Aleena Rafi, an unpaid special constable, appeared in a YouTube video to talk about her short time with the force.
She is the first recruit to adopt the head covering, which was introduced as part of the uniform in 2016.
A link to the video on Twitter, which was posted last week by Police Scotland, has received dozens of abusive comments.
Speaking in the video, Ms Rafi said: “So far I’ve really enjoyed myself and when I’ve been out, the public have been really welcoming. I have loved my time so far and hope to experience more new things with the police.
“I only realised after I joined that I was the first hijab-wearing officer in Scotland. For me to hear that, I was quite shocked and I was proud as well.
“Wearing the hijab is, for me, a part of my life so when I was thinking of joining Police Scotland, it did play an integral part in me deciding whether this is what I wanted to do.
"The fact that Police Scotland has a hijab as part of the uniform made the decision easier for me...out on the beat, the hijab does grab people’s attention, but for me I’m used to be the odd one out or the one who’s different so I don’t really look at that as being a negative.”
In a comment posted on Twitter after the online abuse was highlighted, the Scottish Police Muslim Association said: “We have the pleasure of knowing Aleena...she is part of our team and is a fabulous, strong willed, formidable and dedicated young woman...an asset to the force who will no doubt make an impressive special constable. Backing her all the way.”
Ms Rafi also received the support of justice secretary Michael Matheson, who said: “Special Constable Rafi is right to be proud to be the first officer to wear a hijab.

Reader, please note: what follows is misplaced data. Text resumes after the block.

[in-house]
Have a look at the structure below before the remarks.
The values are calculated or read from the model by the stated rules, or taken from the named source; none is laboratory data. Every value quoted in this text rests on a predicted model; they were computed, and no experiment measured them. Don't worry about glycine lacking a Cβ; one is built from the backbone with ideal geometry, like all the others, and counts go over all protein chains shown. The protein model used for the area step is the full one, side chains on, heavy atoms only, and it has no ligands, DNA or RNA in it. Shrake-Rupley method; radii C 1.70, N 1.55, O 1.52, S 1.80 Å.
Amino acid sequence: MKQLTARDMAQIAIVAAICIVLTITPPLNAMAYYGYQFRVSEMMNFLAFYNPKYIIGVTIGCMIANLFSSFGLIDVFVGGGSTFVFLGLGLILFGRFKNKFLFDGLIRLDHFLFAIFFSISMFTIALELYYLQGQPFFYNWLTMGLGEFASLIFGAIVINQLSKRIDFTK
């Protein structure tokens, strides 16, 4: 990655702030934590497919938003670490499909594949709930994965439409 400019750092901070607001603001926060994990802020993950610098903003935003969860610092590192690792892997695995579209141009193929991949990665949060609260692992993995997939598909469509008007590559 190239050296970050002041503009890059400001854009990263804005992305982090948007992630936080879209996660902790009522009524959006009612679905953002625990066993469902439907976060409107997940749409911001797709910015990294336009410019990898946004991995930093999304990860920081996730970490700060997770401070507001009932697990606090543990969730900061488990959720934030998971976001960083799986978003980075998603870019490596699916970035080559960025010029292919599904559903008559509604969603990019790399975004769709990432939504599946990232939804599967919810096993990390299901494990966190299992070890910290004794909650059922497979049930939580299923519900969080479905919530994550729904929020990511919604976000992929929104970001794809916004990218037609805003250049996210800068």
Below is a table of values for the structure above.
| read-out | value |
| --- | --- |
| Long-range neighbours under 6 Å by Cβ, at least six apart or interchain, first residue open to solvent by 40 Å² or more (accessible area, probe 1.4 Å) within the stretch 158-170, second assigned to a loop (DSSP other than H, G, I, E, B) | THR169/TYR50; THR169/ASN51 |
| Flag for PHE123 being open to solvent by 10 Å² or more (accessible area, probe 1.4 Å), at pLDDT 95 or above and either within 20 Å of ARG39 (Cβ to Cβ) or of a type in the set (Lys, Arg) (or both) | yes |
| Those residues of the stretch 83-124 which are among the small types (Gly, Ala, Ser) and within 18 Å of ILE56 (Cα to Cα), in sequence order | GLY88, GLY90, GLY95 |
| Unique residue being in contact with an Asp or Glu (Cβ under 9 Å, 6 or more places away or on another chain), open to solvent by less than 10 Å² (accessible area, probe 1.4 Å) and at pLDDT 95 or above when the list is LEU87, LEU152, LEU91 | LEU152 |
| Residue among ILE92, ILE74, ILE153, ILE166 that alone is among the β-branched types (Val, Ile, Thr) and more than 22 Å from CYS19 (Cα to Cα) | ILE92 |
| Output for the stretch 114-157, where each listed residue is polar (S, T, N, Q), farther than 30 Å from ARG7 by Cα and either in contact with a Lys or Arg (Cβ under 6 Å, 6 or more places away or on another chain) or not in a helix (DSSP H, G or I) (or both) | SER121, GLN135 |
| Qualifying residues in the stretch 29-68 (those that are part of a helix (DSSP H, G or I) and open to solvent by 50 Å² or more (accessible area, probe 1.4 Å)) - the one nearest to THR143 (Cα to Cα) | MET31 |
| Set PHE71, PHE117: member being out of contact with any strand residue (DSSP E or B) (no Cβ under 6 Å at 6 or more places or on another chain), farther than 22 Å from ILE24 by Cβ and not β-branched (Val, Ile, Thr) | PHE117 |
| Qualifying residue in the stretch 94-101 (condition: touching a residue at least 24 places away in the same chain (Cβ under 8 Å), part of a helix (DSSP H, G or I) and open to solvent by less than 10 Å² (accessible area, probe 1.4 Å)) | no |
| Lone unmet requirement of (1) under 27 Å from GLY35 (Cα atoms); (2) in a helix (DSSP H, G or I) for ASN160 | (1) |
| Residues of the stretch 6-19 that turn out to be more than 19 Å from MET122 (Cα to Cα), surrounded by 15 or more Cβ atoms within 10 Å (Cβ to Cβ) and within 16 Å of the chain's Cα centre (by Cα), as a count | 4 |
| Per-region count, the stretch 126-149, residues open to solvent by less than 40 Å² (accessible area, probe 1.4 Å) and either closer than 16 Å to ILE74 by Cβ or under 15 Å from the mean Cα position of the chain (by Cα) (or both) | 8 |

“Police Scotland recruit special constables based on their commitment, enthusiasm, common sense, confidence, a mature approach and great interpersonal skills.
“That is what matters and there is simply no place in Scotland for these types of negative comments.”
Police Scotland introduced the hijab after figures showed there were just 127 applications from black and Asian candidates in 2015/16 – 2.6 per cent of the total number of people applying for a job with the national force.
In a briefing to the Scottish Police Authority (SPA) at that time, the force said it would need to recruit an additional 650 ethnic minority candidates to reflect the 4 per cent of those from black and Asian backgrounds in society as a whole, something it described as “unachievable”.
While just 4 per cent of the Scottish population comes from a black or Asian background, the figure rises to 12 per cent in Glasgow and 8 per cent in Edinburgh.
While there is no ban on female officers wearing headscarves, those wanting to do so must get permission from their line manager. No such authorisation is be required for those wanting to wear the standard issue hijab.
Under Police Scotland guidelines, religious symbols such as crucifixes and the Sikh kara and kirpan can be worn if done so discreetly below the uniform.